But the ultimately, once you dig into all these complexities behind Kanan’s choice, why he made it, what the wolf was there for, and everything else, the reason why I personally don’t blame Kanan for what he did is…
Because he stopped.
When the Loth-wolf had to get in his way and stop him to warn him of what he was about to do….
He stopped. He listened. He asked what he needed to do to make it all right again.
In the first installment of The Lord of the Rings, The Fellowship of the Ring, Gandalf the Grey has finally come to the horrible truth about that shiny golden circle that Bilbo Baggins owns: it is indeed the One Ring of Power, created by the Dark Lord Sauron and filled with his malice for all other living beings. Gandalf knows exactly what it means, and exactly what it could do to the unsuspecting Mr. Baggins, who found it on his adventure with the Dwarves so many years ago. He knows that he must act fact, and separate Bilbo from the Ring if the hobbit is to have any hope of escaping its grasp. But having already had the ring in his possession for over sixty years meant that it was beginning have an effect on him. Bilbo wants to leave it behind, but at the same time he doesn’t; he tells Gandalf that it’s in an envelope on the mantle as he starts out the door, only to realize it’s actually in his pocket. When Gandalf begins to urge him to leave it, Bilbo snaps and accuses Gandalf of wanting to steal it from him, getting a look in his eyes that is eerily reminiscent of another former owner of this “Precious” little gem. Gandalf seems to grow twice his size, his voice deepens, and he reprimands the hobbit harshly, breaking the Ring’s hold on Bilbo, reminding him, “I’m not trying to hurt you. I’m trying to help you.” As Bilbo’s eyes fill with tears in realization of what’s happening, he runs to Gandalf’s arms, before turning his back on the Ring once and for all, and setting off for a long vacation with the Elves in Rivendale.
From the first time I ever watched Fellowship, I never blamed Bilbo. I understood exactly what was going on with him, and sympathized with his plight. He never meant any harm by picking up the Ring, and he never had any malicious intent in using it to play disappearing jokes on people. Everything that happened with him was a result of the higher powers of Middle-earth at play.
But I never felt anything against Gandalf either, because it was his job to stop Bilbo before it was too late.
See, just like Kanan, and just like all of us people, Bilbo did ultimately have a choice about what he would do. He could defy Gandalf, give himself over to the control of the Ring, and choose to serve Sauron, whether initially or not. Kanan could stop, listen to what the wolf had to say, and decide whether or not to continue with his very bad emotional decision to try to save Hera. Bilbo gave up the Ring. Kanan turned back around.
Finally, #5: I hope it all ends OK. Now obviously I hope that the show overall ends OK. I need to see the crew of the Ghost survive, even if they decide to go their separate ways until the war is over. I really don’t want to see Kanan and Hera’s relationship end in tragedy, either, though I’m not naive to the fact that many fans do believe he will die, possibly in sacrifice for his “family”, before the show is over. What ever happens, however, I don’t want to see his and Hera’s relationship get blamed. I don’t want Kanan to make a rash decision and run into a trap because of his feelings for her.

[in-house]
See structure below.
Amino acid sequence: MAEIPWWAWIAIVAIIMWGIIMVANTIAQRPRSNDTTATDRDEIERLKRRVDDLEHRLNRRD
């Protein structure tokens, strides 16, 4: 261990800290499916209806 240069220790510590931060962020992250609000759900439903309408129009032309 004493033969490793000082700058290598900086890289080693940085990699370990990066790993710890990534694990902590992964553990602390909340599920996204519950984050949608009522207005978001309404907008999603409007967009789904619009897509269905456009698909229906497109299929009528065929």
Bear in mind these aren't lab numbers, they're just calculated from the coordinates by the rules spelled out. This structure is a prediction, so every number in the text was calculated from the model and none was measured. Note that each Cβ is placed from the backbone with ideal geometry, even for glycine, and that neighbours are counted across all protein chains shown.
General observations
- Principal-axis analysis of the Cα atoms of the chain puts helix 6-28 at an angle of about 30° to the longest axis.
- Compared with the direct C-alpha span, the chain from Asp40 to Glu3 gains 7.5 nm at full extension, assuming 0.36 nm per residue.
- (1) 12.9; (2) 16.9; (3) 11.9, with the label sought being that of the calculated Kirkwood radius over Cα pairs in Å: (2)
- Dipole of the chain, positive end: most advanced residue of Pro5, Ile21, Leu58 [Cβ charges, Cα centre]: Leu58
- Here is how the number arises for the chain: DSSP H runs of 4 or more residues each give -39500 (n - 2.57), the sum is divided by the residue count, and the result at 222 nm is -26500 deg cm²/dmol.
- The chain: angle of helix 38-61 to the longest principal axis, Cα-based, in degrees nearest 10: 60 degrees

There’s a theory out there right now that the wolf showed Kanan a vision of Hera’s future, of all the things she’ll accomplish with the Rebellion, and this will lead to him laying down his own life to rescue her. If it’s an absolute necessity for Kanan to die, then I want it to be something like this. I want him to go into it with his eyes open, and I want it to be done in a way that won’t cause fans to blame their relationship for causing him to make a decision out of emotion and therefore lose his life. I don’t want to see yet another Star Wars character get punished for loving, when the entire core theme of the story is the power of Light, a.k.a. love, vs. Darkness, a.k.a. hate.
Alrighty, that was a lot longer than I intended. (Can anyone else tell how much I NEED this show to start back, SOON??) But this is something that’s been going through my mind since watching the episode, and I’m thinking that a lot of fans might take it the wrong way, and just wanted to share my analysis of it all.
Until next time,
May the Wind under your Wings carry you to where the Sun Sails and the Moon Walks, and the Force be with you, always!
This article was written by Shay S., Creator, Chief Editor, and Podcast Host for The Elven Padawan, and first appeared on ElvenPadawan.com
What did you think of this breakdown of Kanan’s decisions? What did you think of “Rebel Assault” in general? Are you just as excited as I am about the rest of the season?! Let me know in the comments below!! 🙂
Welcome to The Elven Padawan’s review of the season 4 opener of Star Wars Rebels, “Heroes of Mandalore”. This episode marks the beginning of the end for Rebels, as season 4 will be the final season. This was an amazing episode, featuring Mandalorian Rebel Sabine Wren’s return to her homeworld to rescue her father from Imperial captivity.
To review this episode for you, I got together with my good friend and fellow Rebels fan, Audrey, and we talked through our thoughts on the highlights of this episode.
I hope you enjoy our review, and be looking forward to The Elven Padawan’s coverage of the next episode, “In the Name of the Rebellion”, after it airs next week.
Shay:So the episode starts out with Sabine, Ezra, Kanan, Fenn Rau, and a group of fighters from clan Wren in a trench, heading to an Imperial facility on Mandalore where they think Sabine’s dad is being kept. But since this is Rebels, nothing goes exactly the way it’s supposed to.